Info for media

Information for Journalists and Media on Homelessness

Media comment

The CEO of the Mercy Foundation, Felicity Reynolds, is available for comment on homelessness, housing, poverty and social justice related issues. Specific areas of expertise are:

  • Poverty and homelessness
  • Permanent supportive housing
  • Using robust data to inform community responses to homelessness
  • Affordable and social housing supply and policy
  • Women and homelessness
  • Chronic homelessness and rough sleeping in Australia
  • Housing First and Rapid Re-housing

Comment is informed by long term experience and current research and evidence based practice.

Contact

Felicity Reynolds
CEO, Mercy Foundation
Phone: 02 9911 7390 or 0438 771 518

Content expertise on homelessness solutions

The Mercy Foundation is committed to social justice and addressing the root causes of poverty and inequality in our community. It has a special interest and content expertise in the issue of homelessness, better understanding all aspects of homelessness as well as its solutions. The Mercy Foundation is working with other organisations across Australia to support evidence based solutions to end homelessness for individuals and families who are experiencing it.

What we do

The Mercy Foundation advocates, educates and makes grants that address homelessness in Australia. We stay up-to-date with the latest research and encourage evidence based responses to addressing and ending homelessness.

We don’t believe a country that is as wealthy as Australia should have people who experience homelessness for long periods. No one should be chronically homeless. We understand that housing crises do occur and crisis responses are often required. However we also know that it is essential that individuals and families be permanently re-housed as quickly as possible.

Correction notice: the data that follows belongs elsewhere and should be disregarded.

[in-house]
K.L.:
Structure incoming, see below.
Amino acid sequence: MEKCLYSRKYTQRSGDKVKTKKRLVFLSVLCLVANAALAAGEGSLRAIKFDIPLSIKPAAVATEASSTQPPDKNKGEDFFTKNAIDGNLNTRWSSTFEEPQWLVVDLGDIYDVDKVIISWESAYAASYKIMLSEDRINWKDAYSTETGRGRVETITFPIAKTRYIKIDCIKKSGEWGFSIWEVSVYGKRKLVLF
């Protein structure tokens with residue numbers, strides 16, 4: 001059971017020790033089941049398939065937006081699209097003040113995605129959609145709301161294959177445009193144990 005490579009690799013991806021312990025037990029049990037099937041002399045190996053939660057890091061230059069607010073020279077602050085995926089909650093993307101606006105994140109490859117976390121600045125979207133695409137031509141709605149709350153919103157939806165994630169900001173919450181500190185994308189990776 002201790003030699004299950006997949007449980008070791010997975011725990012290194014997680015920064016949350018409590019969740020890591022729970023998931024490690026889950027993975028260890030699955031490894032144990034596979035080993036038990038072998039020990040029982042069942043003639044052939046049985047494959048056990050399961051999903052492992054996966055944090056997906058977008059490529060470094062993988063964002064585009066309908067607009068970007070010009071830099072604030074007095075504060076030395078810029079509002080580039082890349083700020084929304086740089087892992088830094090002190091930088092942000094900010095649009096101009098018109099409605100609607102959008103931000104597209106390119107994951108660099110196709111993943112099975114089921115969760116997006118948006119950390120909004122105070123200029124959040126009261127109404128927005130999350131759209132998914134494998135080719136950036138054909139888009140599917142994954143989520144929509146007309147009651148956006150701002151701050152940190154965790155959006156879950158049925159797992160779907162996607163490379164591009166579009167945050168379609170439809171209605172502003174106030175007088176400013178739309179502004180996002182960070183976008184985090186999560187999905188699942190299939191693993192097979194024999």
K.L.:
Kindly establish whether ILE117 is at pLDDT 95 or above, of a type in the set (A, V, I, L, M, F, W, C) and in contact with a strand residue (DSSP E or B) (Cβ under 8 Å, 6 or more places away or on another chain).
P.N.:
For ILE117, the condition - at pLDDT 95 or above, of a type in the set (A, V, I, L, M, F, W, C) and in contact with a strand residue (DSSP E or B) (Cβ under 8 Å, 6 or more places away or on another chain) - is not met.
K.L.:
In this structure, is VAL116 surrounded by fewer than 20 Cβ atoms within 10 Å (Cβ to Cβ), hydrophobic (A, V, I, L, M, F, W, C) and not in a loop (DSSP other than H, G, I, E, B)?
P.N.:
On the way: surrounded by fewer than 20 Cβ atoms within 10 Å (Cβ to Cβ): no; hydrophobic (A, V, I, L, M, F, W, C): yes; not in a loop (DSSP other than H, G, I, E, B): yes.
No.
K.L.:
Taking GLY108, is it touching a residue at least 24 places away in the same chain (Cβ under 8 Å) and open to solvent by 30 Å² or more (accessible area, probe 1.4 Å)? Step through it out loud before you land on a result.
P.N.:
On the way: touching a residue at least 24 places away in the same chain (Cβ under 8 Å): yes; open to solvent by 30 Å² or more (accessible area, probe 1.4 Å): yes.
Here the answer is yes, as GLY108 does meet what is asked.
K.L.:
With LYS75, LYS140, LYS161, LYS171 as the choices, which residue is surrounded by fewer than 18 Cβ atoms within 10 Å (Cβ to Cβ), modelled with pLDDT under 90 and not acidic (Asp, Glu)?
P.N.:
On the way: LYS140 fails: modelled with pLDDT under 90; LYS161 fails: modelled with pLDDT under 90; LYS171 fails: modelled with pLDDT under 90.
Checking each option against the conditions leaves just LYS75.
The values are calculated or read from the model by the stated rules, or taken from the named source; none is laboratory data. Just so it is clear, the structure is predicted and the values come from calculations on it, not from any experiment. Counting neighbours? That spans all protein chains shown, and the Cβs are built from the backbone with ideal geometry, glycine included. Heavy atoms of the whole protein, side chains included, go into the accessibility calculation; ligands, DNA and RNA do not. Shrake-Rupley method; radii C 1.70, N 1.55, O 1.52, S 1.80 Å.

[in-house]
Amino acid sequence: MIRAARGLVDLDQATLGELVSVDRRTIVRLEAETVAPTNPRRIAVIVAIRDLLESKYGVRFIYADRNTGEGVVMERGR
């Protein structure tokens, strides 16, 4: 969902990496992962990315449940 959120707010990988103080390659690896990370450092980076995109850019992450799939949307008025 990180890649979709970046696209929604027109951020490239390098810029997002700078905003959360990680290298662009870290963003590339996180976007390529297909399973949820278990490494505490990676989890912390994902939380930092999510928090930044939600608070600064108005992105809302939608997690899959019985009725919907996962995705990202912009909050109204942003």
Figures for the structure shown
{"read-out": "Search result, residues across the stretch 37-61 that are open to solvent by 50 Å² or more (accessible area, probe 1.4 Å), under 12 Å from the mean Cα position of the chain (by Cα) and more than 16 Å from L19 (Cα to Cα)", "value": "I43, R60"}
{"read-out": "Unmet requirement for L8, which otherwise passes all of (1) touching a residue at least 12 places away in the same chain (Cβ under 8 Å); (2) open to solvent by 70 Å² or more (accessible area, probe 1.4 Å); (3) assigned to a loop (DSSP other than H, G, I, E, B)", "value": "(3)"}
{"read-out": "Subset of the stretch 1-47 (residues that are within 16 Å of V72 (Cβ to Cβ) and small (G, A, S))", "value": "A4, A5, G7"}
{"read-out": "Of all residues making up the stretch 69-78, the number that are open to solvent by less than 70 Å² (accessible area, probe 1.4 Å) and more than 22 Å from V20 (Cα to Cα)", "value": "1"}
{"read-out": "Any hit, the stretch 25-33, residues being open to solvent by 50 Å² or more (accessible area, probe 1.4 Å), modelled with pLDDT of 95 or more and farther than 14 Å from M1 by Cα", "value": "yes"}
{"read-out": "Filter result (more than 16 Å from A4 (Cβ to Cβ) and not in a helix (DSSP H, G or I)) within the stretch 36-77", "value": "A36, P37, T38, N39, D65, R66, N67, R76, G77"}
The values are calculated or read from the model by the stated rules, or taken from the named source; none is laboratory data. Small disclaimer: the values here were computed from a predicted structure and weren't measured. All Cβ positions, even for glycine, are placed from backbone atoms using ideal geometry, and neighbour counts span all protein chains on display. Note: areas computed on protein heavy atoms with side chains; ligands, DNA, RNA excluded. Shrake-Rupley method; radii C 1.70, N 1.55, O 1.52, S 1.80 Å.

What we don’t do

The Mercy Foundation quite specifically does not support activities that do not contribute to ‘ending’ someone’s experience of homelessness. We understand that food and warmth are very important when people experience homelessness, however we believe there are an adequate number of organisations who already have this as their key focus. It is important that some organisations also have a focus on the longer term and often more difficult goal of ending people’s experience of homelessness through housing. We also acknowledge that some people may also require ongoing support to sustain that housing.

What ‘ending homelessness’ looks like

Addressing the root causes of poverty and issues of affordable housing are important structural factors that will solve homelessness for many Australians. When we conceptualise the notion of ‘ending homelessness’ this is what it will look like:

  • No Australian will experience long term (or chronic) homelessness.
  • Individuals or families in a housing crisis will have their homelessness prevented.
  • If an instance of homelessness cannot be prevented, individuals and families will receive immediate crisis services and temporary accommodation and be re-housed as quickly as possible (Rapid Re-housing).
  • Anyone who experiences homelessness will be assisted into stable, affordable, permanent housing as quickly as possible (Housing First). If they also need support services to help sustain that housing, this will be available (Permanent Supportive Housing).
  • Housing First and Rapid Re-Housing will become ‘business as usual’ responses to homelessness in Australia.
  • There will be an adequate supply of ‘permanent supportive housing’ options for the small number of people with significant disability, health or behavioural problems who require ongoing support to sustain housing.

Our independence

The Mercy Foundation is an independent voice, informed by evidence and current research on the issue of homelessness, its causes, consequences and solutions. We receive no government funding.